func shell(_ args: String...) -> String {
    let task = Process()
    task.launchPath = "/usr/bin/env"
    task.arguments = args

    let pipe = Pipe()
    task.standardOutput = pipe

    task.launch()
    task.waitUntilExit()

    let data = pipe.fileHandleForReading.readDataToEndOfFile()

    guard let output: String = String(data: data, encoding: .utf8) else {
        return ""
    }
    return output
}
0

Small improvement with the support for env variables:

func shell(launchPath: String,
           arguments: [String] = [],
           environment: [String : String]? = nil) -> (String , Int32) {
    let task = Process()
    task.launchPath = launchPath
    task.arguments = arguments
    if let environment = environment {
        task.environment = environment
    }

    let pipe = Pipe()
    task.standardOutput = pipe
    task.standardError = pipe
    task.launch()
    let data = pipe.fileHandleForReading.readDataToEndOfFile()
    let output = String(data: data, encoding: .utf8) ?? ""
    task.waitUntilExit()
    return (output, task.terminationStatus)
}
0

Example of using Process class to run a Python script.

Also:

 - added basic exception handling
 - setting environment variables (in my case I had to do it to get Google SDK to authenticate correctly)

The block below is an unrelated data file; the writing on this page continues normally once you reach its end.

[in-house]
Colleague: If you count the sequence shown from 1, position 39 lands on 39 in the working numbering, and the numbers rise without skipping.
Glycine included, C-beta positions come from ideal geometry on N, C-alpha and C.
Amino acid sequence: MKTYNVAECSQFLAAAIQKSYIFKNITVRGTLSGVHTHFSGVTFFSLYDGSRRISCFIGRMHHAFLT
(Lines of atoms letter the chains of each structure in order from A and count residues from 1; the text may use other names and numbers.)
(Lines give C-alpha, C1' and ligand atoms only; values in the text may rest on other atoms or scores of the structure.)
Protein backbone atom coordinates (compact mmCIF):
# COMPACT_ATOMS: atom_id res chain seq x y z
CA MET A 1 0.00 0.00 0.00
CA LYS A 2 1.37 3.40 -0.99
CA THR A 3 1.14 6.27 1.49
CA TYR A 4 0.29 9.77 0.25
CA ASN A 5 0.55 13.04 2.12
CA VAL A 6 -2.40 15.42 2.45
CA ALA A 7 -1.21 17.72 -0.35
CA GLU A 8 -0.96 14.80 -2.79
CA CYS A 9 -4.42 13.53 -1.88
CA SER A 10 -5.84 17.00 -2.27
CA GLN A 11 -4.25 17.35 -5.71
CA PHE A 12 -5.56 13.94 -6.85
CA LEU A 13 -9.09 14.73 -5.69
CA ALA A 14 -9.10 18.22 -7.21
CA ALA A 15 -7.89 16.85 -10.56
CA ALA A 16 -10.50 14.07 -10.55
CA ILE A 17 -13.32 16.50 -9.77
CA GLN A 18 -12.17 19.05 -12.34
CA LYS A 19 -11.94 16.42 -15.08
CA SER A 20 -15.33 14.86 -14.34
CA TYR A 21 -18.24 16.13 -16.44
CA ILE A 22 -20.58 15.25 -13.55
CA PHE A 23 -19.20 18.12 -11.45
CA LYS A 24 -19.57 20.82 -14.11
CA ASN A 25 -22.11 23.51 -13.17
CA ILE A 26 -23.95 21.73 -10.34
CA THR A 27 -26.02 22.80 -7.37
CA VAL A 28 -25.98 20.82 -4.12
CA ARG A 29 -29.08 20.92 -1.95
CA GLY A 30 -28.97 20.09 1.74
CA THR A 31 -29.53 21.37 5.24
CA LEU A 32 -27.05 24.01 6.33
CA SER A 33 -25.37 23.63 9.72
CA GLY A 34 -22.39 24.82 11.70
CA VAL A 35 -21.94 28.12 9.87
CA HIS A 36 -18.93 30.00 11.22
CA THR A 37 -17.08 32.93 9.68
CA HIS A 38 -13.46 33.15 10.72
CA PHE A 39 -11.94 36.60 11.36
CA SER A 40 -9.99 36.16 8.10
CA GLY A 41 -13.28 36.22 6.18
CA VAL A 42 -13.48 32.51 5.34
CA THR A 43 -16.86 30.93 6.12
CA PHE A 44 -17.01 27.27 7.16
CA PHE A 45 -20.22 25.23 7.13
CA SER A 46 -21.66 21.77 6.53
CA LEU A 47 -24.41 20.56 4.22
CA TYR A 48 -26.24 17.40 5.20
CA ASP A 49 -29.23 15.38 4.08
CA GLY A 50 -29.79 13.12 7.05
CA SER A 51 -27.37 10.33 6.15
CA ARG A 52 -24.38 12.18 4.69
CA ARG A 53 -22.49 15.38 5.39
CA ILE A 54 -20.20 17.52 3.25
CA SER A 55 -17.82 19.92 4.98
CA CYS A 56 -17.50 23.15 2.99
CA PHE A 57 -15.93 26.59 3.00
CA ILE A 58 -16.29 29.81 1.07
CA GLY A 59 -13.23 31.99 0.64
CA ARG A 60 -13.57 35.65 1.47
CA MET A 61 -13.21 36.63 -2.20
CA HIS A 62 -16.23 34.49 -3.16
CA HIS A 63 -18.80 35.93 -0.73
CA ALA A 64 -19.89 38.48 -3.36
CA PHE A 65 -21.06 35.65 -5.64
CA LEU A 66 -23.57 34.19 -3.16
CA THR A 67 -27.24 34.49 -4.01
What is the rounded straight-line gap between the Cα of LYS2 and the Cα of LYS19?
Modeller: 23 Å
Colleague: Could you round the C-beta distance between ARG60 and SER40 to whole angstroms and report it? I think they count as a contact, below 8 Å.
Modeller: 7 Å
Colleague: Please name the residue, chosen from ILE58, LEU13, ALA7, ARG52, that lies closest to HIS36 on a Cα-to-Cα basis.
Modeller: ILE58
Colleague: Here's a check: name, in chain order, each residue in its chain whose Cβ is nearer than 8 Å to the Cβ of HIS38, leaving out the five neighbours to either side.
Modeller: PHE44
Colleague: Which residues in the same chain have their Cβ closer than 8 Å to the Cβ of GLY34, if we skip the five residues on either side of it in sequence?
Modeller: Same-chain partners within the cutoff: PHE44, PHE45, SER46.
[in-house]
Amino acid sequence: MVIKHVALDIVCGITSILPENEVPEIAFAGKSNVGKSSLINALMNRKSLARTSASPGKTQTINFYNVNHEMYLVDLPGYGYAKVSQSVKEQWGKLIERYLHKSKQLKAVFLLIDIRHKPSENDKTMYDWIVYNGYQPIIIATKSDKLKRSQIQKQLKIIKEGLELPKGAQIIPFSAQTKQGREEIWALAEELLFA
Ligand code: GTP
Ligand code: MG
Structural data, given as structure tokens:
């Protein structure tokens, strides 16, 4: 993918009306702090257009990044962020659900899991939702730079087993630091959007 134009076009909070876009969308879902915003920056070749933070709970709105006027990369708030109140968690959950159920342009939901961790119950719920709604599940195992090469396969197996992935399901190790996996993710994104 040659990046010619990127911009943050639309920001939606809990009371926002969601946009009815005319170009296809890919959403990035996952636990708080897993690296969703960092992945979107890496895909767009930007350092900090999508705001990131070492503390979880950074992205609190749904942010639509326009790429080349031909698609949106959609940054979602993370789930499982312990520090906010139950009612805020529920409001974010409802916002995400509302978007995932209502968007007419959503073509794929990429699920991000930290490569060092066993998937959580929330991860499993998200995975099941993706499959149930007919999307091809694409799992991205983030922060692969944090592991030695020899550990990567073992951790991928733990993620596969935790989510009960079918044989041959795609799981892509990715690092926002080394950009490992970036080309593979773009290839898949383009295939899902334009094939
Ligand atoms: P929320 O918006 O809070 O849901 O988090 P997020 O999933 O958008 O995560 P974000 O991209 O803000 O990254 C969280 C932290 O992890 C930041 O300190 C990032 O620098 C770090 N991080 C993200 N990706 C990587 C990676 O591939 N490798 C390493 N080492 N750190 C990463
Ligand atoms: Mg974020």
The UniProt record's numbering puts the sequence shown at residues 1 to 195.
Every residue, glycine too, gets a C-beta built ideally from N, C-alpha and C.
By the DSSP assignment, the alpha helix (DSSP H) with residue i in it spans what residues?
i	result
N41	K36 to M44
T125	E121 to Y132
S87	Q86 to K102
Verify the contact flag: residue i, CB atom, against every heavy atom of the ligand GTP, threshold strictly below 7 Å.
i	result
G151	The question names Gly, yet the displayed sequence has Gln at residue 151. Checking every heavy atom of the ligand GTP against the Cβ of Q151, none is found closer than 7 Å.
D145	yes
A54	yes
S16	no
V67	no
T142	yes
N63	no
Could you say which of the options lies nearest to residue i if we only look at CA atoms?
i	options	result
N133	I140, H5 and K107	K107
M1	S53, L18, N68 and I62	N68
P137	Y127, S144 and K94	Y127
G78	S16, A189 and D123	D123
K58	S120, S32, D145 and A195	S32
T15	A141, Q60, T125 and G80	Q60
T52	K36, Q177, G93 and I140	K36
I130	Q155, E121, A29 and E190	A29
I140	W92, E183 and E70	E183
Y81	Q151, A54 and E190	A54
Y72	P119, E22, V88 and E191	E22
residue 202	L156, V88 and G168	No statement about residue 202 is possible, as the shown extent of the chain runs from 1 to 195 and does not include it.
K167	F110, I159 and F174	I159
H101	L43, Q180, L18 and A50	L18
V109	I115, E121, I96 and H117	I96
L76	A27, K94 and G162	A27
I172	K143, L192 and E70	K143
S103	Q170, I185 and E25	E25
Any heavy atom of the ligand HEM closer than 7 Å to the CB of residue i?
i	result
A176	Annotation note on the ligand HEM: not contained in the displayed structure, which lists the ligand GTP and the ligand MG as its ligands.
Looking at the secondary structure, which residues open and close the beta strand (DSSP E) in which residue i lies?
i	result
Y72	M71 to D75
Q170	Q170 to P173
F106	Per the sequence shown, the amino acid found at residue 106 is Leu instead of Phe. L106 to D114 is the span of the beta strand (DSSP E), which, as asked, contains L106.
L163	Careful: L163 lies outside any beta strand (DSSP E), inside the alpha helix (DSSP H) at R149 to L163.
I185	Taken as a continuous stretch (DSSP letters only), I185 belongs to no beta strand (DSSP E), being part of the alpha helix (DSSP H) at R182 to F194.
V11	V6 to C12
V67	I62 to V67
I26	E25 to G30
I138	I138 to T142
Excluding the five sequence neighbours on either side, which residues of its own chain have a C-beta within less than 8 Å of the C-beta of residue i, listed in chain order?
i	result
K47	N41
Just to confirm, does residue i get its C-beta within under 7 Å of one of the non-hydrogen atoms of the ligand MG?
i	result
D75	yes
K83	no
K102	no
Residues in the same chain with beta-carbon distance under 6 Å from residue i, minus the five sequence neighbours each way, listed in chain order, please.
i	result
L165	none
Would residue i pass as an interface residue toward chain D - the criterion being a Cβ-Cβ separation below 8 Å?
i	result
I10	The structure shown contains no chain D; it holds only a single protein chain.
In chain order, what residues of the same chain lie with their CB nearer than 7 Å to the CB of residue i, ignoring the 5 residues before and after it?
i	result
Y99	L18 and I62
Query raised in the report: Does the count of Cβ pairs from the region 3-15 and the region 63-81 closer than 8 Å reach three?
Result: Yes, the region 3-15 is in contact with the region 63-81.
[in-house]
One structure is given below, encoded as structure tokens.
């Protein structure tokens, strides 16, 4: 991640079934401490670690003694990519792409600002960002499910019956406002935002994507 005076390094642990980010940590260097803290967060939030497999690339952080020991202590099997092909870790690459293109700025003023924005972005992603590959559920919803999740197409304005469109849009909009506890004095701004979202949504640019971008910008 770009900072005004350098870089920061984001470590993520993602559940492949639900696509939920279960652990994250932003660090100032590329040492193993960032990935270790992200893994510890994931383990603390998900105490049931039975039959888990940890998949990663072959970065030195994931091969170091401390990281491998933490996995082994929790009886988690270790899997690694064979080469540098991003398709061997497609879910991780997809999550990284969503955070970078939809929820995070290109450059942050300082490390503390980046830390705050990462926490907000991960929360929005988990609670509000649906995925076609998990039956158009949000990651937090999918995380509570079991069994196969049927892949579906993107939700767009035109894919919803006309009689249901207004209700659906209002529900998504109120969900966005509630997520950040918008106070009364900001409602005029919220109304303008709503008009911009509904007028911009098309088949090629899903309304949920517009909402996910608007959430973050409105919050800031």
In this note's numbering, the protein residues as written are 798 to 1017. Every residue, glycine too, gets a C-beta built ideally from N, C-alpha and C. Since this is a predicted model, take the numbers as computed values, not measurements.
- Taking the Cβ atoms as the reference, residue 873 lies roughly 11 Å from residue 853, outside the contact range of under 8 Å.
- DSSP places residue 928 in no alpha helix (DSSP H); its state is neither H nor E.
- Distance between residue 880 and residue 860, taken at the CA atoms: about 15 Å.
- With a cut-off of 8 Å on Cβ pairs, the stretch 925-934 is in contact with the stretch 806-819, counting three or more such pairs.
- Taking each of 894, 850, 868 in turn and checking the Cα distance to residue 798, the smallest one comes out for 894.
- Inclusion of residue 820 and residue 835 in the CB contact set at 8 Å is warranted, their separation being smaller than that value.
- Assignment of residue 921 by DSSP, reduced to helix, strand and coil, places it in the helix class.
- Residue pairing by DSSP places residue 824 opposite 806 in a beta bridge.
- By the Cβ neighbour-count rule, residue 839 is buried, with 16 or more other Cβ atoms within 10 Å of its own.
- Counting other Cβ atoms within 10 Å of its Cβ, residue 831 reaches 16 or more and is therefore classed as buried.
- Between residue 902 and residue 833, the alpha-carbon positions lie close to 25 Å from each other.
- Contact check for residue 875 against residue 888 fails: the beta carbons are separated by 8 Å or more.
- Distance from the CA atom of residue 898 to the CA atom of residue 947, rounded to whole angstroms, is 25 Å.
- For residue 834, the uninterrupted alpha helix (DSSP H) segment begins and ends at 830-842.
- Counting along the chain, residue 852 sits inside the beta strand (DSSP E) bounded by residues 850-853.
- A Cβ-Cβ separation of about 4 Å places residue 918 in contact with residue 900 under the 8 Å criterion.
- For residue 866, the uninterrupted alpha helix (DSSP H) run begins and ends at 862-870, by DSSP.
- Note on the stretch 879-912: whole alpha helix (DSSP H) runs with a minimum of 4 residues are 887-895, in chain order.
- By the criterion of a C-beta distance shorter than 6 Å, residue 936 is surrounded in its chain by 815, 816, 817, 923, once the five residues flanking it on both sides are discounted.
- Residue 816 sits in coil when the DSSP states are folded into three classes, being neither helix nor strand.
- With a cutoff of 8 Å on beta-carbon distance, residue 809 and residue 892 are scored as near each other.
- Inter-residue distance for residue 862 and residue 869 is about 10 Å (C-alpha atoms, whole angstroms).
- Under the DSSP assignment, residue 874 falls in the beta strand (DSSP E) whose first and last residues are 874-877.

- arguments 







 import Cocoa

func shellTask(_ url: URL, arguments:[String], environment:[String : String]) throws ->(String?, String?){
   let task = Process()
   task.executableURL = url
   task.arguments =  arguments
   task.environment = environment

   let outputPipe = Pipe()
   let errorPipe = Pipe()

   task.standardOutput = outputPipe
   task.standardError = errorPipe
   try task.run()

   let outputData = outputPipe.fileHandleForReading.readDataToEndOfFile()
   let errorData = errorPipe.fileHandleForReading.readDataToEndOfFile()

   let output = String(decoding: outputData, as: UTF8.self)
   let error = String(decoding: errorData, as: UTF8.self)

   return (output,error)
}

func pythonUploadTask()
{
   let url = URL(fileURLWithPath: "/usr/bin/python")
   let pythonScript =  "upload.py"

   let fileToUpload = "/CuteCat.mp4"
   let arguments = [pythonScript,fileToUpload]
   var environment = ProcessInfo.processInfo.environment
   environment["PATH"]="usr/local/bin"
   environment["GOOGLE_APPLICATION_CREDENTIALS"] = "/Users/j.chudzynski/GoogleCredentials/credentials.json"
   do {
      let result = try shellTask(url, arguments: arguments, environment: environment)
      if let output = result.0
      {
         print(output)
      }
      if let output = result.1
      {
         print(output)
      }

   } catch  {
      print("Unexpected error:\(error)")
   }
}
1
  • where do you place the file "upload.py' Commented Nov 19, 2019 at 22:46
0

I've built SwiftExec, a small library for running such commands:

import SwiftExec

var result: ExecResult
do {
    result = try exec(program: "/usr/bin/git", arguments: ["status"])
} catch {
    let error = error as! ExecError
    result = error.execResult
}

print(result.exitCode!)
print(result.stdout!)
print(result.stderr!)

It's a single-file library which can easily be copy-pasted into projects or installed using SPM. It's tested and simplifies error handling.